Bivalve ECM Components in Adult Tissues and Larvae

Adult tissues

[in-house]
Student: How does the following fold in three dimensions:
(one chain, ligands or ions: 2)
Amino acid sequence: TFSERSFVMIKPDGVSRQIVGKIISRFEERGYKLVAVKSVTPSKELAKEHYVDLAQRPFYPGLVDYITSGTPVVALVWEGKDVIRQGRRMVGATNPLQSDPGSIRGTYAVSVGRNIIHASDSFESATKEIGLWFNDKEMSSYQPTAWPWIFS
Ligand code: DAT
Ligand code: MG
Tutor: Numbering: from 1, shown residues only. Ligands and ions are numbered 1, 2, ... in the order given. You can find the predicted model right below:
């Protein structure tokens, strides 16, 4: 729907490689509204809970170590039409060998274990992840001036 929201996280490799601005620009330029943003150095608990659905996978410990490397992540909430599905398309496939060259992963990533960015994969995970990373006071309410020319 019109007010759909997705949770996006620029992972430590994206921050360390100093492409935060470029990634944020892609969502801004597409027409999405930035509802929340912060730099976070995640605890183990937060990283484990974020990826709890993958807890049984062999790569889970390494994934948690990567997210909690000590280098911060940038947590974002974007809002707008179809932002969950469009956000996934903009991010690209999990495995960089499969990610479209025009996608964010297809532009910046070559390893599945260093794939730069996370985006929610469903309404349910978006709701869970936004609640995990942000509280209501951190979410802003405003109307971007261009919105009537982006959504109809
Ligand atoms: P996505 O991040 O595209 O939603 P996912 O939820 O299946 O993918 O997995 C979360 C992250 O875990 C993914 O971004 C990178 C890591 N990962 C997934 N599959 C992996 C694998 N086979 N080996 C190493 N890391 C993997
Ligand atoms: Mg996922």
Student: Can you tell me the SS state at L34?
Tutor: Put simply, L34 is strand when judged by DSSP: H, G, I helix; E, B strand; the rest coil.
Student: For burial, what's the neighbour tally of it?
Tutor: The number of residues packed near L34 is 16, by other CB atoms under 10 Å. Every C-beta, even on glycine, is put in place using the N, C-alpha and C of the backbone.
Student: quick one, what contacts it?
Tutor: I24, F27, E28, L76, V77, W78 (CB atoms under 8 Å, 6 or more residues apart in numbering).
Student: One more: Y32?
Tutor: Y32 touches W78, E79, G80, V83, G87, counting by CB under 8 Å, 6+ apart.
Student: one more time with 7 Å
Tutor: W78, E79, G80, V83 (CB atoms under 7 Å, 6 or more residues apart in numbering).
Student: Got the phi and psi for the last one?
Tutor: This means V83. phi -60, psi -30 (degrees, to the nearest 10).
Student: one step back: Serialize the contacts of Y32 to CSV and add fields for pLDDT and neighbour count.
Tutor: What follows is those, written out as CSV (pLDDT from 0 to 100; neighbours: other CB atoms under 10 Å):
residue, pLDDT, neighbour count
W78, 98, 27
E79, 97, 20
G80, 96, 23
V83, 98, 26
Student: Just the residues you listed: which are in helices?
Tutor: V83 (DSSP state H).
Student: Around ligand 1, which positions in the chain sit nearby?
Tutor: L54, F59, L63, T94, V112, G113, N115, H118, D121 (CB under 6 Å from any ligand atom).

The knowledge of molecular ECM composition in mollusc taxa is limited. ECM genes are highly expressed in the mantle (outer and inner parts), digestive gland, female gonad, gills, adductor muscle, hemocytes, and labial palps [25]. Additionally, the annotated oyster genome and the predicted proteins of conservative adhesome components suggested high expression of syndecan, collagen IV, and fibrillar collagen, and SPARC in the oyster mantle [25]. In general, the expression of the ECM components in the inner mantle was slightly lower than that in the outer mantle and very low in the digestive glands. Syndecan and SPARC were highly expressed in the female gonads. Fibrillar collagen, perlecan, and SPARC were all highly expressed in the gills, whereas the expression of collagen IV and MMP was elevated in the adductor muscles. Hemocytes highly expressed SPARC, integrins, and syndecan. In the labial palp organ, SPARC and syndecan were highly expressed [25]. These data for the RNA expression of ECM components are important for understanding ECM composition in molluscs and the development of ecological markers for testing healthy tissues of molluscs. An immunohistochemical study of the subepidermal connective tissue in the adult molluscan integument showed that the ECM is similar in gastropods, bivalves, and cephalopods, but differs from that of vertebrate dermis. In Pecten and Mytilus species, immunostaining for I-like collagen was particularly conspicuous in the areas surrounding muscles and glands [28]. Collagen V was intensely positive in subepidermal connective tissues of bivalve Pecten, whereas in Mytilus the staining particularly involved the most superficial part of the subepidermal tissues. Positive immunostaining for collagen VI was detected in the integument of the bivalve Pecten and Mytilus, whereas staining for collagen IV revealed an intensely positive laminar structure under the epithelium. Laminin positivity was observed immediately beneath the epithelium of all bivalve sections examined. In all bivalves, anti-nidogen immunoreactivity was always localized in the immediate sub-epithelial zone and around other structures within the subepidermal connective tissues. The sub-epithelial zone of all bivalves studied was positive for heparan sulfate proteoglycan. The molluscan integumental ECM contains collagens resembling types I, V, and VI, but has no collagen similar to type III. Vertebrate laminin, nidogen, and heparan sulfate were present in many molluscan basement membranes. Therefore, basement membrane structure and composition must have remained constant throughout the evolution of all animal phyla [28].